It’s possible that your financial position has altered since you took out your current mortgage - for instance, one of you has stopped working or you have become self-employed.
Stricter mortgage rules introduced in April 2014 mean lenders MUST now see evidence of your income. New lenders may not be prepared to offer you a loan because you no longer fit their criteria, meaning you may have to stay where you are.
Your home's value has dropped.
You may have had a 10% deposit when you bought your home and got a decent mortgage, borrowing the remaining 90% of your home’s value. But now, your house price has dropped and the amount you owe is a bigger proportion. Unfortunately, you’re a victim of evaporating equity, even if you have been making repayments, and that can hurt you. In some cases, you may be in negative equity, where your debt is higher than the value of the property.
The only thing you can do is sit tight, make overpayments whenever you can afford it as long as you won’t be charged fees as well, and wait for prices in your area to go up again.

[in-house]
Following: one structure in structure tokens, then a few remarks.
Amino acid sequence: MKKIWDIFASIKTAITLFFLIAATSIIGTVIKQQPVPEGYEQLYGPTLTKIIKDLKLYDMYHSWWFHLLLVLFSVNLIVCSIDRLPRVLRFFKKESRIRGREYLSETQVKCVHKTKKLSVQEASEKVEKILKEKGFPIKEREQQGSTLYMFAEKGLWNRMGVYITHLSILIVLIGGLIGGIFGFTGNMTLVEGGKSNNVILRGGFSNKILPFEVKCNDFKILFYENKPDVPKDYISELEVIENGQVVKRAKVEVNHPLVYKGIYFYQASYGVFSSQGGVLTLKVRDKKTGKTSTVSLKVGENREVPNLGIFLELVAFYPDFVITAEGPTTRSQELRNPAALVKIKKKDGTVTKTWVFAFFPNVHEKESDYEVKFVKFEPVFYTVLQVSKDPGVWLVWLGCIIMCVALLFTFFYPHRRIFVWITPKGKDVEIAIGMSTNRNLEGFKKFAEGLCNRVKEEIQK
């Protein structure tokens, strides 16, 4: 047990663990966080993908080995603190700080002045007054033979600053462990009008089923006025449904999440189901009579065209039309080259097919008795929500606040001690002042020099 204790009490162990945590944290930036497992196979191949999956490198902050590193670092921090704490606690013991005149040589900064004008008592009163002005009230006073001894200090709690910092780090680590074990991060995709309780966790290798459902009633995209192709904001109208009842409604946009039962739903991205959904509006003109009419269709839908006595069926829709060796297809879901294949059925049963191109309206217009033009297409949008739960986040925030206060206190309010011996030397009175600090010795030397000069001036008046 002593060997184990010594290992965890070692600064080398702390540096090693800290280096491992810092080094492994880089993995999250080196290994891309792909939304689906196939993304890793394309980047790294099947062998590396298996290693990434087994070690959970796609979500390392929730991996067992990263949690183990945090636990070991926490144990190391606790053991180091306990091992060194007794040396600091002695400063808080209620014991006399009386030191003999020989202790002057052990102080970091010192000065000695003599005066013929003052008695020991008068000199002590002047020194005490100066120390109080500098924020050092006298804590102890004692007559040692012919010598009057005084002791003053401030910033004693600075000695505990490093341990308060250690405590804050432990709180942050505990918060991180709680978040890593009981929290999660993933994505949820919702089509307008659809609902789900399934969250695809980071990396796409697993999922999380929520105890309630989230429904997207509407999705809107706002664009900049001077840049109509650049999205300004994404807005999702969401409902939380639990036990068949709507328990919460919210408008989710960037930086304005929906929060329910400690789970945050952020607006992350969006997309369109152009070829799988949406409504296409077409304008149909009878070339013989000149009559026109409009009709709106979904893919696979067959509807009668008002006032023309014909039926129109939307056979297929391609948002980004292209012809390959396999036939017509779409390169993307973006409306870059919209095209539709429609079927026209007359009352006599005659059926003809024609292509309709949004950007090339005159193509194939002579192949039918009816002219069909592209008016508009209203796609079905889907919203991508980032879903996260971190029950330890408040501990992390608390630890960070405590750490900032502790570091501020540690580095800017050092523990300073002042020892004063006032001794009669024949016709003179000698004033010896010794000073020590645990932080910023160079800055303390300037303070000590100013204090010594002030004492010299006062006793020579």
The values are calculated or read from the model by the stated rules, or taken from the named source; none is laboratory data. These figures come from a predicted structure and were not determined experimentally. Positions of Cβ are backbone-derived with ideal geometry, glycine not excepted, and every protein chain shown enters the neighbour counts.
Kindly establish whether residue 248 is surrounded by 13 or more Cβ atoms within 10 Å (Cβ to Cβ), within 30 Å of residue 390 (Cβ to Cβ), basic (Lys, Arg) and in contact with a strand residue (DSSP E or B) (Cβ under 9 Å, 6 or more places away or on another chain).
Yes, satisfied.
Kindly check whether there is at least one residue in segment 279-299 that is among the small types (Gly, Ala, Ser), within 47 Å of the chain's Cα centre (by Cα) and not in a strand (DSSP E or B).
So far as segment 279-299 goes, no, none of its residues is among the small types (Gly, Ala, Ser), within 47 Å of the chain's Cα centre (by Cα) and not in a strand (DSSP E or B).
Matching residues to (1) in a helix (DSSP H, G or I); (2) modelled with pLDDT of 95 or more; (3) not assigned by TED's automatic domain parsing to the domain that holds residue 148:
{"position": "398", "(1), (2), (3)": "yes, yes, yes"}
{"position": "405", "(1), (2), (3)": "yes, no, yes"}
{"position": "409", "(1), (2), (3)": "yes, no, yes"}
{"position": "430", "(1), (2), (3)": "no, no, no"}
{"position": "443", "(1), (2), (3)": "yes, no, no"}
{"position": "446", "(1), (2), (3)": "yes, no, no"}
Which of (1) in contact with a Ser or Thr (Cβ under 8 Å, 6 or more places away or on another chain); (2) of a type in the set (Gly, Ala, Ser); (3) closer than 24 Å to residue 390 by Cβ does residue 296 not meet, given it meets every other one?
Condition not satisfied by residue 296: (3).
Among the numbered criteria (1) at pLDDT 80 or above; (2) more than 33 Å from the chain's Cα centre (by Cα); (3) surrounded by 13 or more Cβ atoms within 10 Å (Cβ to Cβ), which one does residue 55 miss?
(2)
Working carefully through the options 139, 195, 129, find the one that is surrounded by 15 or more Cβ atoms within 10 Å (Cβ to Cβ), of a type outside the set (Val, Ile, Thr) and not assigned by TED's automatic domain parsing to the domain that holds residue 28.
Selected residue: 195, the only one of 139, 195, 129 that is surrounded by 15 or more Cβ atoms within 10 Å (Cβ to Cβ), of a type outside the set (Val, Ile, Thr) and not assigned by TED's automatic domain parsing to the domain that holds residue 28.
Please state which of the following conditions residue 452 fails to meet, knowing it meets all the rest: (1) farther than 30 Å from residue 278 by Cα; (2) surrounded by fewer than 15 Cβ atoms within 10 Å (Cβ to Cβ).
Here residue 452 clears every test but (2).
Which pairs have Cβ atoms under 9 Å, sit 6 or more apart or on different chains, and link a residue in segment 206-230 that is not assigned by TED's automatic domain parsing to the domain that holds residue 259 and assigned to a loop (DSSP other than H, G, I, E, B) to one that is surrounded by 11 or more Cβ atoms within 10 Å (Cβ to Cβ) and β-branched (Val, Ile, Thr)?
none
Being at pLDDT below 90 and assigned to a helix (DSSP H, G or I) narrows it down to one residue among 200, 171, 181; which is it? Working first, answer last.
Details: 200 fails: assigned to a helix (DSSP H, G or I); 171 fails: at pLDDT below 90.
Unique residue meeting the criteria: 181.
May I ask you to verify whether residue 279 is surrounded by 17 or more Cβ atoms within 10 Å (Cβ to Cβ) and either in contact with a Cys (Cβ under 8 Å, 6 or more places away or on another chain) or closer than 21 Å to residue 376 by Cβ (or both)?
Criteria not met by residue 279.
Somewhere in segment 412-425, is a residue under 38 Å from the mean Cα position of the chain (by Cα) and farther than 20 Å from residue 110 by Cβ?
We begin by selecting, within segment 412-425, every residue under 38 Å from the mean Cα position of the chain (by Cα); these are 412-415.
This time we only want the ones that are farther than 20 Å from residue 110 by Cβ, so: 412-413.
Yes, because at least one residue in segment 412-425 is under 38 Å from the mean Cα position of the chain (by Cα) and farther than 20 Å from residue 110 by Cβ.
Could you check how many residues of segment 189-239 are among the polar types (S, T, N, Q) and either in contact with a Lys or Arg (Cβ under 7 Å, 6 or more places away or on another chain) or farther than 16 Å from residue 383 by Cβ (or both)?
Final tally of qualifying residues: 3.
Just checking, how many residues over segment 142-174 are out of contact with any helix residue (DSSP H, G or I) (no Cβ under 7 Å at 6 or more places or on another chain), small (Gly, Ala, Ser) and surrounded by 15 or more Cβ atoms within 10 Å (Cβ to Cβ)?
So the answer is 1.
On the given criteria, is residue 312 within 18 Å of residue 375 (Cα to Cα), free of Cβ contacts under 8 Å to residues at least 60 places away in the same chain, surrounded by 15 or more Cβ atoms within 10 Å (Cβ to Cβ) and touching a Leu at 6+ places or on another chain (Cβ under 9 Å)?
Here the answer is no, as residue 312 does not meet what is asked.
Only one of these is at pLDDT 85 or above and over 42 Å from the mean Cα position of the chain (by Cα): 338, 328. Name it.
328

You have very little equity.
If you need to borrow more than 90% of the value of your property – then you’ll often find it difficult to find a better rate.
Although at the time of writing, there are more mortgages at 95% than we have seen for a long time so it’s worth checking to see if it’s worth switching. Don’t forget to check if your current lender charges an early repayment charge to leave.
You've had credit problems since taking out your last mortgage.
Since the credit crunch, lenders have become much pickier about who they lend to. The regulator, the Financial Conduct Authority, now also requires them to carefully check the mortgage is affordable, not just at current rates, but at a higher rate too, to ensure you could cope if interest rates were to rise.
As a result, lenders will want a lot of detail about your outgoings and are looking for spotless repayment histories or at least a good, clean record of handling debts well.
You're already on a great rate
You may be already on such a fantastic deal that you’d be mad to move. But don’t get too comfortable – chances are it won’t always be top of the tree so eventually you’ll need to consider hopping onboard the re-mortgaging merry-go-round.